The second example portrays a rabbi being seized by his enemies, wrapped in a scroll of the Torah and set alight. Both sages and Mark Baker's parents teach that he was set alight and cried out he could see the parchment burning but the words were soaring high. Here, the Bekiermaszyn's taught that the rabbi turned to ashen dust, exactly like those Jews killed and burned during the Holocaust.
These two examples illustrate how history can change the perceptions of individuals in both conscious and unconscious ways. Mark Baker had to deal with this problem when writing The Fiftieth Gate, investigating and verifying everything he heard and a lot of what he had been taught. Another problem of history the author doubtlessly encountered were the emotions still existent concerning the Holocaust. When raw emotions still remain from a traumatic historical event, recollections and the retelling of events will most likely be clouded with opinions.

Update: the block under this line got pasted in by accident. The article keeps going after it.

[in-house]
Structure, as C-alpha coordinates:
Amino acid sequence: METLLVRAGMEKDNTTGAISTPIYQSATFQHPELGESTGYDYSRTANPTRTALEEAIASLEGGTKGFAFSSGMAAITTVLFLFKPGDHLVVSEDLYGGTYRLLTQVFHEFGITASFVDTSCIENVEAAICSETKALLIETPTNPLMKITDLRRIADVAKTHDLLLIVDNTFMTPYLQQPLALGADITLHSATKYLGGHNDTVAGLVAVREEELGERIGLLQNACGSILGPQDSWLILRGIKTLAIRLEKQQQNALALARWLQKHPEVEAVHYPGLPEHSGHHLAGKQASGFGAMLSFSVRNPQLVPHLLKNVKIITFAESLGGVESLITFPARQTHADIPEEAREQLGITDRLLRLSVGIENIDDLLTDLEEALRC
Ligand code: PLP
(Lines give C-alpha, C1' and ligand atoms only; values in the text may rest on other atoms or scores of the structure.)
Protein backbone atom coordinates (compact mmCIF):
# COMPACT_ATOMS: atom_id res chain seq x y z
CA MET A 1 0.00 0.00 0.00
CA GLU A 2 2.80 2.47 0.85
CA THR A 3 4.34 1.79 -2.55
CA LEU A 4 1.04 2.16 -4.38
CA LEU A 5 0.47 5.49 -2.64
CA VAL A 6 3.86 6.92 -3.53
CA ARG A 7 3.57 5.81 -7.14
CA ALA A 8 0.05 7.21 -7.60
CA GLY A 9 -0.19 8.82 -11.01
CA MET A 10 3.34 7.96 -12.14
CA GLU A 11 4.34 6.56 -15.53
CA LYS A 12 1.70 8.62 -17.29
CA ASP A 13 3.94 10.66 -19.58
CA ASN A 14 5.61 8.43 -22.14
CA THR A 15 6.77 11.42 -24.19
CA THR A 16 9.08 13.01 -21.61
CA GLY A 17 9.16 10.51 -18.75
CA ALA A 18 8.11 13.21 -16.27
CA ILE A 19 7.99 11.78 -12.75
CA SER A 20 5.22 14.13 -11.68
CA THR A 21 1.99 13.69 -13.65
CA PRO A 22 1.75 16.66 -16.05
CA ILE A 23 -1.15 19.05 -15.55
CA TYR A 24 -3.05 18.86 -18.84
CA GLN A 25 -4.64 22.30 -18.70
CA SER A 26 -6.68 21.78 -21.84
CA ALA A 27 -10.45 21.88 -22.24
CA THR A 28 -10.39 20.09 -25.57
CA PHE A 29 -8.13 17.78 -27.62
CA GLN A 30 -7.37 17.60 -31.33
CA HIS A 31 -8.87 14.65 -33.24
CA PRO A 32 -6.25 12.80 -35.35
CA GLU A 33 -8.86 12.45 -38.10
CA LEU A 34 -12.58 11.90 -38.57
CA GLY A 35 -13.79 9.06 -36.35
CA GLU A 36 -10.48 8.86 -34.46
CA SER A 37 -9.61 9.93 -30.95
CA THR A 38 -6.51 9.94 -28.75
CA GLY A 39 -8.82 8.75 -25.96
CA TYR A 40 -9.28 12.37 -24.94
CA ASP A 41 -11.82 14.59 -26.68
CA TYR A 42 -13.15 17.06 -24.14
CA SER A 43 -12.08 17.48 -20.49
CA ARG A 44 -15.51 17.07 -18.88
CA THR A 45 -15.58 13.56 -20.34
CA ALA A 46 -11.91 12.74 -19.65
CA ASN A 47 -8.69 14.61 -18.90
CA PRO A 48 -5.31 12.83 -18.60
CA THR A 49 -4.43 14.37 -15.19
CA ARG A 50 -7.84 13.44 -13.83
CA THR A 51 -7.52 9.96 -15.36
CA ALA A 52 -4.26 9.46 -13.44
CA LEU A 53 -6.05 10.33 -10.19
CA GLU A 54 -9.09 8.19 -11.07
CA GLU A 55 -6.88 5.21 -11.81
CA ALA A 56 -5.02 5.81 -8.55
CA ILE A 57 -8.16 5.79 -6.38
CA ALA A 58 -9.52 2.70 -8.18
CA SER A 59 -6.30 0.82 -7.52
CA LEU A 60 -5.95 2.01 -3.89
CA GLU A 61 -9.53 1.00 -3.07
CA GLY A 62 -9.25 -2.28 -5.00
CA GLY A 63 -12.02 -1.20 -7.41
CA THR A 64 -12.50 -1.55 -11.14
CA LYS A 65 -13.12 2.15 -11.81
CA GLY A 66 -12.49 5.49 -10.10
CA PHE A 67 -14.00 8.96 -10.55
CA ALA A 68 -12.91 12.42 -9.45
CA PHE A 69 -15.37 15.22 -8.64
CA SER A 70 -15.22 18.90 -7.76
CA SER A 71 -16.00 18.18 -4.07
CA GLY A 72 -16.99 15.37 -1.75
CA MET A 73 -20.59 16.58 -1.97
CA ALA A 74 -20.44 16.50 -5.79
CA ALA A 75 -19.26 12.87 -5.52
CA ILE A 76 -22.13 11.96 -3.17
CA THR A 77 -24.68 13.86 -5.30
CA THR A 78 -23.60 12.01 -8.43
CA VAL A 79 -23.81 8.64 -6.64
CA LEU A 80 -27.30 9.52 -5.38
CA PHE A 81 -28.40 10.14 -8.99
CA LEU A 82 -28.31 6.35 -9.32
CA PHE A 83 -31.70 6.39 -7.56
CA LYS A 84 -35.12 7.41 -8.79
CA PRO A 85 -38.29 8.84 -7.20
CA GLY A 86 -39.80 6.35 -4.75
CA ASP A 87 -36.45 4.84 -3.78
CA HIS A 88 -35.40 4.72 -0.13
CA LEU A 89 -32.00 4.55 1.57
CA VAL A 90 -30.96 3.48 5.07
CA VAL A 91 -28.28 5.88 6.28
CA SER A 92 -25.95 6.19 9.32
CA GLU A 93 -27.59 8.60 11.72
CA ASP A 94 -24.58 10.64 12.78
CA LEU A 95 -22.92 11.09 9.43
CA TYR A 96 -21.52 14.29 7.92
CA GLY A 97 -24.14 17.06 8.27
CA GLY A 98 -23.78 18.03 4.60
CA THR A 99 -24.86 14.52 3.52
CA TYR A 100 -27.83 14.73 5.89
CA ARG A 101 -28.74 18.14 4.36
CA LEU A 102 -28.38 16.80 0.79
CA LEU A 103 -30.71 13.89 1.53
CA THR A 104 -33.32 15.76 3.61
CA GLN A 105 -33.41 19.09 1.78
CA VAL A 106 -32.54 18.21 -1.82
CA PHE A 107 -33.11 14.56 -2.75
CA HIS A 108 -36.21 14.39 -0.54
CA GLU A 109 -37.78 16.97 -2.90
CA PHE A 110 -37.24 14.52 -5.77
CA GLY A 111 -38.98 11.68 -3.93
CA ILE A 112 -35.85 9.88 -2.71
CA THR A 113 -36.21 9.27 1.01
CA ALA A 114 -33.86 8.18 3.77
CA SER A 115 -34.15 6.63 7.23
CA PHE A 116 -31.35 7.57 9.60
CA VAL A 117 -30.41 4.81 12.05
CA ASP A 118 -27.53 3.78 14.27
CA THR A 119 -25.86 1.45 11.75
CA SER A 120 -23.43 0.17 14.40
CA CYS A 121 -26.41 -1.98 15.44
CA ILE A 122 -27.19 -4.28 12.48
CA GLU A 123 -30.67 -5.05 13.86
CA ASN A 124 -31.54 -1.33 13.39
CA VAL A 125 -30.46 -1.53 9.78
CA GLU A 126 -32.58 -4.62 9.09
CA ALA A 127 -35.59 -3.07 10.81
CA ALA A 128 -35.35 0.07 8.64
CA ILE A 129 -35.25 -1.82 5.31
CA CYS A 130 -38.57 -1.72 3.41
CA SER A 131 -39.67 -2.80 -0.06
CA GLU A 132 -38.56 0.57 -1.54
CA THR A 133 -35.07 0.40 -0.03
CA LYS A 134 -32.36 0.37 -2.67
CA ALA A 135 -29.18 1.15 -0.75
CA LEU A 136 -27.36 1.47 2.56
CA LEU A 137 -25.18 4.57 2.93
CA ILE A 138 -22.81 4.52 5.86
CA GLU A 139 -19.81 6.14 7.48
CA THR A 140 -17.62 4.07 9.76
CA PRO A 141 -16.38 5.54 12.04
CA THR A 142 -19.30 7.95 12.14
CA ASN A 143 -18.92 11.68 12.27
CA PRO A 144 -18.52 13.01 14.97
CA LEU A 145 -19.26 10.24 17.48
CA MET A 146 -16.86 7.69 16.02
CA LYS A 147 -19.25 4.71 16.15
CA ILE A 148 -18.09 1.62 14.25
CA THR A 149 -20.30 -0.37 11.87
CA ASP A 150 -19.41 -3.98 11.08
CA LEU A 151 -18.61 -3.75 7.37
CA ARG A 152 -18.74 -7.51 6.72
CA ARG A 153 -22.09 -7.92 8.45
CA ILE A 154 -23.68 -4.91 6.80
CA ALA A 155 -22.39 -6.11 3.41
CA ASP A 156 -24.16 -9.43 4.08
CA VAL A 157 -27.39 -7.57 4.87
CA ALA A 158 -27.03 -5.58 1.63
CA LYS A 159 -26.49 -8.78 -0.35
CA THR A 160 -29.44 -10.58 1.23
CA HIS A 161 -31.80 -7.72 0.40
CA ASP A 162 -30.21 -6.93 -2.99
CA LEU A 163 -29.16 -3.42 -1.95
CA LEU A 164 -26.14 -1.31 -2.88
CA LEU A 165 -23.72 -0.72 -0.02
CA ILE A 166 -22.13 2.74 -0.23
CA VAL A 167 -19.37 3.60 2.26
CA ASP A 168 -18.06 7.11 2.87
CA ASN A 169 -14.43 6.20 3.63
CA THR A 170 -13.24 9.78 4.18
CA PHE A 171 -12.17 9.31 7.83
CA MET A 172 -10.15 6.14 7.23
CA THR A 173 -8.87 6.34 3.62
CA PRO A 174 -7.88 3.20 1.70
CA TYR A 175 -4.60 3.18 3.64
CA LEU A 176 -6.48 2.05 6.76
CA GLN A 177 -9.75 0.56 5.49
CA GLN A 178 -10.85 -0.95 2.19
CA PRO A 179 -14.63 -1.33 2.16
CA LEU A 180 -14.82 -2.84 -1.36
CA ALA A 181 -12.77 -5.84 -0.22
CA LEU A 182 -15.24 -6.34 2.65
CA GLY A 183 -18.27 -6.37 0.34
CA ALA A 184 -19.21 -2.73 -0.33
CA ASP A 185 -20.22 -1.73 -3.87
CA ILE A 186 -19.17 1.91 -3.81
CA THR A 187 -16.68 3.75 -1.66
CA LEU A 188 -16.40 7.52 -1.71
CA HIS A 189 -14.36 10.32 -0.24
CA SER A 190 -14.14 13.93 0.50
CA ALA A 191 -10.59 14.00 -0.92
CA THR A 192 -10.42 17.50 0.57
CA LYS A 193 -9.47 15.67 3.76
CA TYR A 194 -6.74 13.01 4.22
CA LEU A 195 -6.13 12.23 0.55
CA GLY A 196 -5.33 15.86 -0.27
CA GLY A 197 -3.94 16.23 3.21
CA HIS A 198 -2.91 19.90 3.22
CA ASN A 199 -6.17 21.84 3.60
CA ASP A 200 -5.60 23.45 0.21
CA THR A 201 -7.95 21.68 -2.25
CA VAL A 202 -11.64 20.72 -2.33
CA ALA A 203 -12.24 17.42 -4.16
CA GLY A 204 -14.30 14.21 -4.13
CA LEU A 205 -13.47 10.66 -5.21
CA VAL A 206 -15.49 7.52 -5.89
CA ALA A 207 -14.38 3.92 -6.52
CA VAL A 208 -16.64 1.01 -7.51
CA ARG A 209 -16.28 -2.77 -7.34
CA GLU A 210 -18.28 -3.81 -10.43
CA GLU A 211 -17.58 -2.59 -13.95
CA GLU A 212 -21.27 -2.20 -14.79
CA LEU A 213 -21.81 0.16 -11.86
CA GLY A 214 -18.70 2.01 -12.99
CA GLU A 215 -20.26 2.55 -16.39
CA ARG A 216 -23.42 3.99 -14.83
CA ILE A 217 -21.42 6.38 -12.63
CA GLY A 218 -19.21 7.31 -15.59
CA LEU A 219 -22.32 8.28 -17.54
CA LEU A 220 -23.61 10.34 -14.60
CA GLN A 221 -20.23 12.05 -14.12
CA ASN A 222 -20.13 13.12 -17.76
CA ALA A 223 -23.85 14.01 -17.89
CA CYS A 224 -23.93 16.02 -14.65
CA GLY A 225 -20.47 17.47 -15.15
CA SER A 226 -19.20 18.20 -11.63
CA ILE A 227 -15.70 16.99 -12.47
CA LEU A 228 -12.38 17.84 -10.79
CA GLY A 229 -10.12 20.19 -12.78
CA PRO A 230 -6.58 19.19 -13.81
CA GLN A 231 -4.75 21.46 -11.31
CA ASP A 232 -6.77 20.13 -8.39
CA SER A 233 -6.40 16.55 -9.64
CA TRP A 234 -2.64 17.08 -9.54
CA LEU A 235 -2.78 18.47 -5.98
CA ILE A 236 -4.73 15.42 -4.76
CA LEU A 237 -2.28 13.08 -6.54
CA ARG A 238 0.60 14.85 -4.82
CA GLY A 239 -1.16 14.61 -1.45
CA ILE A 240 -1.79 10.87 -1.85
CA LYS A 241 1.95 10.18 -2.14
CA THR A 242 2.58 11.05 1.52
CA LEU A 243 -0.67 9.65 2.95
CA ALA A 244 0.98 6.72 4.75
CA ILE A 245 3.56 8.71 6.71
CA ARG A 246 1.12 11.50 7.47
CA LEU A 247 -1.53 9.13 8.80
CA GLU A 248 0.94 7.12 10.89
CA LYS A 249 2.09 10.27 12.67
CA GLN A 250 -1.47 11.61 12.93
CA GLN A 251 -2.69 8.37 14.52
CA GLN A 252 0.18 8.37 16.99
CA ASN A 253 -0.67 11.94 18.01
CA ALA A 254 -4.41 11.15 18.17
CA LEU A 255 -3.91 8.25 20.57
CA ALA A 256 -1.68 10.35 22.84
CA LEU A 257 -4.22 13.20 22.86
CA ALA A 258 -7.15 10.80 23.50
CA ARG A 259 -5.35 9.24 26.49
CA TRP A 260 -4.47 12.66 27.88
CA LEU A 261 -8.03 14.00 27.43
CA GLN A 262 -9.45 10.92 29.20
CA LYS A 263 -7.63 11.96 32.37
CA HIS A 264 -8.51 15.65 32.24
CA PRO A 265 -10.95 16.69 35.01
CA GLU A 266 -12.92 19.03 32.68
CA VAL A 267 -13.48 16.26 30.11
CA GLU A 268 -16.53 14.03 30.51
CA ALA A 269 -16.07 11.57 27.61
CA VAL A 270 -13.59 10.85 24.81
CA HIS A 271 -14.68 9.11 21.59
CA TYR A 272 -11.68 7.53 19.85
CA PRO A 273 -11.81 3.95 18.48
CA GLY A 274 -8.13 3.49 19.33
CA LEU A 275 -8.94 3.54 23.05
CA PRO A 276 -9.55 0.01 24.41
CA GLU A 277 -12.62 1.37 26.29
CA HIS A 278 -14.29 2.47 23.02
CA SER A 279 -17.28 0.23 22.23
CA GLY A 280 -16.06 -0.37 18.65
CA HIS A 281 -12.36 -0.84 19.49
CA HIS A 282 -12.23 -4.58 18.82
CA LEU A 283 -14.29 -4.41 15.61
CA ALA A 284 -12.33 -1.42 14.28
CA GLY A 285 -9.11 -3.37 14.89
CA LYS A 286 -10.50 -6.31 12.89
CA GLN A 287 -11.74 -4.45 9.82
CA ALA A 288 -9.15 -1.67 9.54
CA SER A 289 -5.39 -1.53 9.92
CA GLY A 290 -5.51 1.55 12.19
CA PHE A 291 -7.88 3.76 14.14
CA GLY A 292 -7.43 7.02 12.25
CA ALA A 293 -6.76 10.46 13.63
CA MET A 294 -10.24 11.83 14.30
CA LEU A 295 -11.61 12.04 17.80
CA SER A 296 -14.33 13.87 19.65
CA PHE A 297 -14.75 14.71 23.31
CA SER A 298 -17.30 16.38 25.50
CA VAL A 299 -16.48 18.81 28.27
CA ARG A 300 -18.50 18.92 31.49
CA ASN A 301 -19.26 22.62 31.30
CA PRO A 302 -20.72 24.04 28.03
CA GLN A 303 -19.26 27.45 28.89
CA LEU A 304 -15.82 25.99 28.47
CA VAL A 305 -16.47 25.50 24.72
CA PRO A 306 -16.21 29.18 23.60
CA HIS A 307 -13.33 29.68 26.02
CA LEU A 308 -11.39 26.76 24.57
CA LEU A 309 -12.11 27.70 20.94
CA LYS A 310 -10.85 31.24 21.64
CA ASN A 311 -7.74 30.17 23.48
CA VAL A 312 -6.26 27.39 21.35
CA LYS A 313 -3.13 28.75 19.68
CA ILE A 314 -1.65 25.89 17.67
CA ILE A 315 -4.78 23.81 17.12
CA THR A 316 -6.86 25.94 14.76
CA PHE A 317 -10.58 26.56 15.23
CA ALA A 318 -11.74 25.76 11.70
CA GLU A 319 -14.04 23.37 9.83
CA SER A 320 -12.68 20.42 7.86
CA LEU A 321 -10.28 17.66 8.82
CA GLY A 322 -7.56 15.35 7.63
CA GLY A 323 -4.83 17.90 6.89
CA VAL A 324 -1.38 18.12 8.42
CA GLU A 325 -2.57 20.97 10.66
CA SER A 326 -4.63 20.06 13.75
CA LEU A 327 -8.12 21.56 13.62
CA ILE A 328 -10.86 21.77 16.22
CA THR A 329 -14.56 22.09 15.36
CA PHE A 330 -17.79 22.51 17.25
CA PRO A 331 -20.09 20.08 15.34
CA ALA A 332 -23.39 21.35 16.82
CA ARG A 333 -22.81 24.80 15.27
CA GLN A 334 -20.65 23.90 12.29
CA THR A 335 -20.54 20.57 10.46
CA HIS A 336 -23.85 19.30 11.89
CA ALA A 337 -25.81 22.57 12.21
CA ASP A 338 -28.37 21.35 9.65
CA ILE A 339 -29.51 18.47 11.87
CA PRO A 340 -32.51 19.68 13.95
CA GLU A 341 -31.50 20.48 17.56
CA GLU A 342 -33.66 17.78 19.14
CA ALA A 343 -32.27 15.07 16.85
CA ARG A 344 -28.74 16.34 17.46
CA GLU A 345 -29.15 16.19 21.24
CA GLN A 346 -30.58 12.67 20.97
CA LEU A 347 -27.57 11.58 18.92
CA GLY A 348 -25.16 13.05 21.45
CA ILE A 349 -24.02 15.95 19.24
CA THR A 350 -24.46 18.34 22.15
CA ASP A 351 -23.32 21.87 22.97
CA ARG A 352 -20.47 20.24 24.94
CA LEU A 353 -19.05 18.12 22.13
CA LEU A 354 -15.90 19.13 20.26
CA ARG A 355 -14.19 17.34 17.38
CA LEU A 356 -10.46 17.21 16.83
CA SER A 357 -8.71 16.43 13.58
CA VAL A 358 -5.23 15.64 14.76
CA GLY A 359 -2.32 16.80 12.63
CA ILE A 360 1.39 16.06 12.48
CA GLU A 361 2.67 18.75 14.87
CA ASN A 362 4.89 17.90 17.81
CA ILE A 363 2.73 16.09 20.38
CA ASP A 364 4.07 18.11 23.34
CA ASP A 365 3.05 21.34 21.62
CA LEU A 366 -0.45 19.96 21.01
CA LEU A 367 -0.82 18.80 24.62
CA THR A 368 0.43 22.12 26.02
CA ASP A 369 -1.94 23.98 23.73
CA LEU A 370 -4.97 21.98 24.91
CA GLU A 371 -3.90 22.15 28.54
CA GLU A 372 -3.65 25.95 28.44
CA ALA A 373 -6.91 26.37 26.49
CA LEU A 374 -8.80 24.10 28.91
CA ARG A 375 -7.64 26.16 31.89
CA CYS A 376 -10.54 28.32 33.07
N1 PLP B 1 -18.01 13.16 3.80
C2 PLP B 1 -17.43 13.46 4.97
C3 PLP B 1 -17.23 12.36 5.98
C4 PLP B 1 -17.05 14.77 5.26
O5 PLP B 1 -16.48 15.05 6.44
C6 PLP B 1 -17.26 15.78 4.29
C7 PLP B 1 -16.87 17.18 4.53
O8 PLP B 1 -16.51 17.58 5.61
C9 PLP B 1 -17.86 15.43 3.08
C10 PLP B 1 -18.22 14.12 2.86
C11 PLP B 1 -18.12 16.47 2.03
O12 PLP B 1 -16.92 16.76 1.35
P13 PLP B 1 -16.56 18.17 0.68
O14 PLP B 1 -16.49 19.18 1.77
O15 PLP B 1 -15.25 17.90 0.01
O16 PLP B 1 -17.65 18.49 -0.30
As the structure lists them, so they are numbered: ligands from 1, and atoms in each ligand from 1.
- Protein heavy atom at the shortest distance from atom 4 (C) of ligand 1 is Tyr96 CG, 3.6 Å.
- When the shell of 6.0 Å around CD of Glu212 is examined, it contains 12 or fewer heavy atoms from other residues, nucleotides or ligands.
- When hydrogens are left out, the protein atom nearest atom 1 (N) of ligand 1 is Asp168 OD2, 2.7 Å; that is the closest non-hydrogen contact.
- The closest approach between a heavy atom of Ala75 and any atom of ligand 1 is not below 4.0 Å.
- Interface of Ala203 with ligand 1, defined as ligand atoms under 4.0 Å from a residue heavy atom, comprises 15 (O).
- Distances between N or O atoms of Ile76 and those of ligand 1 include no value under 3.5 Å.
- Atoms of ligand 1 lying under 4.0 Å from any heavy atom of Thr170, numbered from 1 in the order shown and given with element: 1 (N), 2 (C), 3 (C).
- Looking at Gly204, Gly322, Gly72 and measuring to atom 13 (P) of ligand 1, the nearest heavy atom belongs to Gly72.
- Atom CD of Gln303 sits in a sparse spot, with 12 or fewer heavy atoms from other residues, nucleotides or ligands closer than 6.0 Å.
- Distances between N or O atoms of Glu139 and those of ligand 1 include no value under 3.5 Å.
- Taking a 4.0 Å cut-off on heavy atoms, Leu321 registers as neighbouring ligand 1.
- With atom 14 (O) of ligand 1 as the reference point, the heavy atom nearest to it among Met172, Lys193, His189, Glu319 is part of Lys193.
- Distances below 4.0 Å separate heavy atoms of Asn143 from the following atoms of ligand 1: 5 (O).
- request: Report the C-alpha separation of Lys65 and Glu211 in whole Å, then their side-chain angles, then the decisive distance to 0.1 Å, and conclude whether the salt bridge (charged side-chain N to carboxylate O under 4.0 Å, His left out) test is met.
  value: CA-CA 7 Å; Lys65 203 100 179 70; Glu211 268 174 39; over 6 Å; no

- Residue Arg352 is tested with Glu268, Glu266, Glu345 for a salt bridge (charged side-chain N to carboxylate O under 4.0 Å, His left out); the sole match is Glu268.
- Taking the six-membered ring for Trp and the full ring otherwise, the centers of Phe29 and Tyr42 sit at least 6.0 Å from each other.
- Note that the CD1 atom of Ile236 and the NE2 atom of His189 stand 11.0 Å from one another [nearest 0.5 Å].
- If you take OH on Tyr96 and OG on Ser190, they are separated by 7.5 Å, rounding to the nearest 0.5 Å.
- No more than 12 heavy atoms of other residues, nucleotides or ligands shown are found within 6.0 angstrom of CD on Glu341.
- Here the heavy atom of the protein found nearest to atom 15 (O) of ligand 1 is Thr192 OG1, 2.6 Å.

The author's parents were born before the war in small towns where the majority of the population was Jewish. Yossl Baker (previously Bekiermaszyn) lived in Wierzbnik with his family, and Genia Baker (previously Bekiermaszyn) lived in Bursztyn with her own family. During the year of 1942, both towns were occupied by German forces and both Yossl and his future wife Genia were forced to move; Yossl to various labor and death camps, Genia into hiding.
It is this time period, during which his father was incarcerated and his mother was on the run, that Mark Baker was most interested in. His father was captured and first taken to Auschwitz then Buchenwald before his liberation in 1945. His mother hid with her parents in forests and in small towns wherever possible. Their stories are different in terms of the horror they both had to endure, yet there is no mistaking that both were left with powerful memories which the author began to unlock when he journeyed into their pasts.
[ AETI 1998 Table of Contents ]